Q1 Labs Rounds Up Partner Posse For Security Event Integration

The Security Intelligence Partner Program, which Waltham, Mass.-based Q1 unveiled on Tuesday, comprises several security vendors -- and more to come -- that have integrated their products with Log Event Enhanced Format (LEEF) or Asset Exchange Information Source (AXIS), Q1 Labs' open standard formats for log, event and asset information management.

Tom Turner, Q1's senior vice president of channels and marketing, said the speed and the completeness of getting event information contextually between security products was lacking and posed a challenge. And collaboration across the security intelligence industry has been a struggle and lacked standards, Turner said. Event and telemetry updates were non-existent and event exchange formats were siloed and offered little context.

"It hasn't always been easy to get security vendors to work together," he said.

Q1 launched LEEF and AXIS to give partners a new way to deliver event, asset/vulnerability management, flow information, and automated updates to the QRadar Security Intelligence Operation System, and the launch of the Security Intelligence Partner Program gives customers and the channel the ability to integrate disparate security products from different vendors and go beyond just logs and events.

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For Security Intelligence Partner Program members, Q1 offers an SDK to conduct testing for integration and certification; provides priority placement in integration testing tool; and gives designated engineering contacts to make integration a joint effort.

The inaugural vendor partners participating in the Security Intelligence Partner Program include Barracuda Networks, Bit9, Damballa, Enterasys Networks, FireEye, Imperva, Lieberman Software, Palo Alto Networks and Sourcefire. The partner program will let vendors and their channel partners remove integration bottlenecks during deployments, reduce deployment time, ease integrations and boost security intelligence with shorter time to resolution.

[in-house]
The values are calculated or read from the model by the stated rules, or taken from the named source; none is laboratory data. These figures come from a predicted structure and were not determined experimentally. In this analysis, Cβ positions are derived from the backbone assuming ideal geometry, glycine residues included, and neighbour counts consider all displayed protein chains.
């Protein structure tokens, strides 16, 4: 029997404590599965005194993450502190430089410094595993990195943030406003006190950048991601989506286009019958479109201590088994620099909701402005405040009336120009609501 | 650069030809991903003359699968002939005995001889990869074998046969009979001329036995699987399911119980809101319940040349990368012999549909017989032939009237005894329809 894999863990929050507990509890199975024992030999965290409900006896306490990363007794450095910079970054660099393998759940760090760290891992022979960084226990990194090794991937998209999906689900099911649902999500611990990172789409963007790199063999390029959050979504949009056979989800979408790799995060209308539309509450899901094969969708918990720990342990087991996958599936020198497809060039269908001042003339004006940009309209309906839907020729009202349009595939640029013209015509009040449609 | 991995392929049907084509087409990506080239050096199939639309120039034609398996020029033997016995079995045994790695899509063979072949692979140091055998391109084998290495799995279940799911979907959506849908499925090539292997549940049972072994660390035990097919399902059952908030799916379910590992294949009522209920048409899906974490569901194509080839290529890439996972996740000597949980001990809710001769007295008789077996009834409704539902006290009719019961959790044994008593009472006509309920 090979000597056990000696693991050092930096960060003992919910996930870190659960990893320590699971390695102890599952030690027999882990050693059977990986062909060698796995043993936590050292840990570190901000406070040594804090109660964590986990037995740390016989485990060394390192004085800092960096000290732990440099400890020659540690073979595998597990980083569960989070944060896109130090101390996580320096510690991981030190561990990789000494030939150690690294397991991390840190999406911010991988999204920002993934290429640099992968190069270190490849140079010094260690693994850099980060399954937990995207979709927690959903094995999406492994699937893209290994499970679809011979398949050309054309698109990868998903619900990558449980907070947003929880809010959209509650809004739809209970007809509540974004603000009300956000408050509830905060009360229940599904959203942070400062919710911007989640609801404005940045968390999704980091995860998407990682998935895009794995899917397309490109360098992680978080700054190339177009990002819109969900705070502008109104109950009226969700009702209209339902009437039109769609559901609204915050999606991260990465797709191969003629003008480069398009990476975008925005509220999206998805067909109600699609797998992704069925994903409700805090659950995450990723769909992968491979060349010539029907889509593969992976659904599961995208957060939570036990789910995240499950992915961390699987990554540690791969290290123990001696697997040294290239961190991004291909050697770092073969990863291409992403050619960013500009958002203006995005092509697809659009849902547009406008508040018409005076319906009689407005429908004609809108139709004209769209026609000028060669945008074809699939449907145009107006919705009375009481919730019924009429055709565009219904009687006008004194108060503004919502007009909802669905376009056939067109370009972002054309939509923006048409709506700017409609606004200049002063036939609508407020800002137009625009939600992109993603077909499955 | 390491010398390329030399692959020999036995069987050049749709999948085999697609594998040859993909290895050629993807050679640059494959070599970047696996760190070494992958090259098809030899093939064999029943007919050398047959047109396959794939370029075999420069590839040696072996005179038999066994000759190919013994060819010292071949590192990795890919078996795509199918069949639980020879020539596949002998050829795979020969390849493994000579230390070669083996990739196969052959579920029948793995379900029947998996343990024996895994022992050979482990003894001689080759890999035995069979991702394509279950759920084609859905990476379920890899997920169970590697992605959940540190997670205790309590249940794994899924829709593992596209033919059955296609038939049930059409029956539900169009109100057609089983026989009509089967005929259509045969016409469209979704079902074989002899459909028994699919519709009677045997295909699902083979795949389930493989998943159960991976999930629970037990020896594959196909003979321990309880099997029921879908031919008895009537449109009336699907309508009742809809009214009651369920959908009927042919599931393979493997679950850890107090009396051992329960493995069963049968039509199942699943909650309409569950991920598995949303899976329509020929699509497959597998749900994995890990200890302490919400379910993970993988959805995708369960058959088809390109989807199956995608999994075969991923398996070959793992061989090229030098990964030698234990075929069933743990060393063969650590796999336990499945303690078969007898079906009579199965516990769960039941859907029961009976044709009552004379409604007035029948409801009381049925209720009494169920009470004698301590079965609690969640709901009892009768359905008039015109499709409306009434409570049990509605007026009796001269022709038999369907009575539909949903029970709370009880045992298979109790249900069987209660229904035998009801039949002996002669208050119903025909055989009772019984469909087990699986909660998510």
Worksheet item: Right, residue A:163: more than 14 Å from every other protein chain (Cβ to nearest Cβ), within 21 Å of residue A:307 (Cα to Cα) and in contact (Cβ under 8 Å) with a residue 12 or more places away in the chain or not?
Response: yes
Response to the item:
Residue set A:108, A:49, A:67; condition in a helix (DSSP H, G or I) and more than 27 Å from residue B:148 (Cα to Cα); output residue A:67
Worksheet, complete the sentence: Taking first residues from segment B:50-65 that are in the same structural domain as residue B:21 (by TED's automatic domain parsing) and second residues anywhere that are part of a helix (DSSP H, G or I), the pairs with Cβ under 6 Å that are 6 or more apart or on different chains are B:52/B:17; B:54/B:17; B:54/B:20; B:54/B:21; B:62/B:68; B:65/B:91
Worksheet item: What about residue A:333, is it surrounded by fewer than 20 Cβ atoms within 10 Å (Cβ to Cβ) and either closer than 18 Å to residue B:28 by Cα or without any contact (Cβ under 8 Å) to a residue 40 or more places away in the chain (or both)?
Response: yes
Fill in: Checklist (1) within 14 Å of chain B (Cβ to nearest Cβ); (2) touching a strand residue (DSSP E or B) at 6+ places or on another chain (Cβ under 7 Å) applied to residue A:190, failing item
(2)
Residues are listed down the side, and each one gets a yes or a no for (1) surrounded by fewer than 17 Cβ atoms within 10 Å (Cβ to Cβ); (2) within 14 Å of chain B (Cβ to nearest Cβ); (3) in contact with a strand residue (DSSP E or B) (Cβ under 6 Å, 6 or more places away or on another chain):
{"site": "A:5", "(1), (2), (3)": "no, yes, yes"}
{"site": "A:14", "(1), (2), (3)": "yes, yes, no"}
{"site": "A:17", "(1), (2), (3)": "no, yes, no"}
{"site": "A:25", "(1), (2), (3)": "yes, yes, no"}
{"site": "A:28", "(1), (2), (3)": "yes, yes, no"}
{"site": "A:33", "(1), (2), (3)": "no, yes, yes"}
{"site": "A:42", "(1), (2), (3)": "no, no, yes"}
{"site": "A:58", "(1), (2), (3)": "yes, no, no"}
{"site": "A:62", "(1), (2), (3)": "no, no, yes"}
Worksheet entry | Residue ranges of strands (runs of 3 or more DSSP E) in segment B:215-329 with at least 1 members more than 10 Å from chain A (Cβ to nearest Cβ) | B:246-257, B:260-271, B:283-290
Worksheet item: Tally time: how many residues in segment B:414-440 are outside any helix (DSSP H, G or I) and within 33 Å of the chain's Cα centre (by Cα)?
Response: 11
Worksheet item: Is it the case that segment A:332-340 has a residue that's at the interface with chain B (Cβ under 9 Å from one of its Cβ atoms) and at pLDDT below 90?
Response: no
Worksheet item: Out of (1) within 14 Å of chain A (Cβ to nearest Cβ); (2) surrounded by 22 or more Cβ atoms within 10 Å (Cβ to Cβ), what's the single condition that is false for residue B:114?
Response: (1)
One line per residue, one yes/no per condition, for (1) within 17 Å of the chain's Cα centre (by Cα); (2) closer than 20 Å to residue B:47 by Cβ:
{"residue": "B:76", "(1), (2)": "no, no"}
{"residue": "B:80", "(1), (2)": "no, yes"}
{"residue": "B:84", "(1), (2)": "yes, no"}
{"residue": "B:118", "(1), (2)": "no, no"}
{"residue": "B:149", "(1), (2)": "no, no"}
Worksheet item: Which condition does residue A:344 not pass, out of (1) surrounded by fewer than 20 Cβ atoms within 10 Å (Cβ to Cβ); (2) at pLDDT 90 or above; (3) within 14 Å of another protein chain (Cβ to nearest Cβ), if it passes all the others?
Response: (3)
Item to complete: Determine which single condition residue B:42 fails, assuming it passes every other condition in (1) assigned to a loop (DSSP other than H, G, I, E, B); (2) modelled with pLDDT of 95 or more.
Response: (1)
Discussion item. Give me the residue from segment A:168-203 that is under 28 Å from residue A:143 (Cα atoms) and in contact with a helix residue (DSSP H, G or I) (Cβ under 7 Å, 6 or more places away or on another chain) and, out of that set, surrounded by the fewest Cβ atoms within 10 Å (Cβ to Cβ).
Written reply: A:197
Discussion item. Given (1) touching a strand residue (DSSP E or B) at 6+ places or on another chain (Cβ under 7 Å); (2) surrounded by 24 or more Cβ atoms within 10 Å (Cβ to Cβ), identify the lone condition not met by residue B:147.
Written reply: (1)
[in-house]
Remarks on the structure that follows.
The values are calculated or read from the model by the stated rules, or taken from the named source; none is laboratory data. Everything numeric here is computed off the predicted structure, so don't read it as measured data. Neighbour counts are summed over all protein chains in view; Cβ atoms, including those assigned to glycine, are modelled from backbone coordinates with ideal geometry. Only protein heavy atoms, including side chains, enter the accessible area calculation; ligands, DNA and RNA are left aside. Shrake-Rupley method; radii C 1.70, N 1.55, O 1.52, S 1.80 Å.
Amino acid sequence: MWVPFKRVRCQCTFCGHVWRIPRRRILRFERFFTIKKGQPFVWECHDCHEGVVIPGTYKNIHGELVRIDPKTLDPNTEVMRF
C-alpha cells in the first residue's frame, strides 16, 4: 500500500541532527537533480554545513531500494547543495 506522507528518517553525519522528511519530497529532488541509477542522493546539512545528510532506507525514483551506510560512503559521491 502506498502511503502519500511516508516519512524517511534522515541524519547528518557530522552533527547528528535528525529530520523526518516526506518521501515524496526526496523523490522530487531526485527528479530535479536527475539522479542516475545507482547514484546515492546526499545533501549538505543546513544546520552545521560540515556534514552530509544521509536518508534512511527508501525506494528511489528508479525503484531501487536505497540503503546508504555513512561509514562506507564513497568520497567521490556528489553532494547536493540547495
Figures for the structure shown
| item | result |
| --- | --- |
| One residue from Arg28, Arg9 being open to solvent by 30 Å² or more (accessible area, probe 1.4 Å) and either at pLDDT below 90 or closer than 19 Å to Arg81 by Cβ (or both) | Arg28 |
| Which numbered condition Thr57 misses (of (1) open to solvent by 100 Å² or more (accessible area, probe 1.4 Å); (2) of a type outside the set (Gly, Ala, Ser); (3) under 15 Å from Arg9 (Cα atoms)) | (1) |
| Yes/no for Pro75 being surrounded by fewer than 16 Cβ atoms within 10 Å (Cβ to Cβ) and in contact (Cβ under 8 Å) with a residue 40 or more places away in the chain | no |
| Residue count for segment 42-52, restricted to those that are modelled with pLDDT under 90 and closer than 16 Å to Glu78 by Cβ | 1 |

"Our end goal is to provide customers with the ability to leverage the security intelligence gathered from their networks, therefore it's important for security vendors to work closely and integrate products that will allow customers to do that," Turner said.

Doug Hurd, Sourcefire's director of technical alliances, said the centralization of event data and the integration of once disparate solutions has become a necessity.

"The partnership just makes a lot of sense," he said. "It allows customers to correlate all other event data with data from other solutions."

For the channel, Turner said it gives solution providers the ability to offer both security enforcement and security intelligence as a one-two punch. Many security solution providers, Turner said, have already partnered with a best of breed security vendor and the integration will help them offer an end-to-end solution. It will also create more consulting opportunities, as solution providers can offer event and vulnerability discovery and remediation services.

Sourcefire's Hurd agreed. He said channel partners and VARs usually offer multiple vendors' products and integration between them can make for an easier sale and smoother deployment.

"It allows them to deliver a much more complete solution and ease the post sale implementations," he said, adding that solution providers add value by understanding the connection and correlation of data from different solutions. "It's the detail where the added value becomes clear and the channel partner is best equipped to provide the complete package. If I'm a VAR, I want to know how to get the most out of these platforms."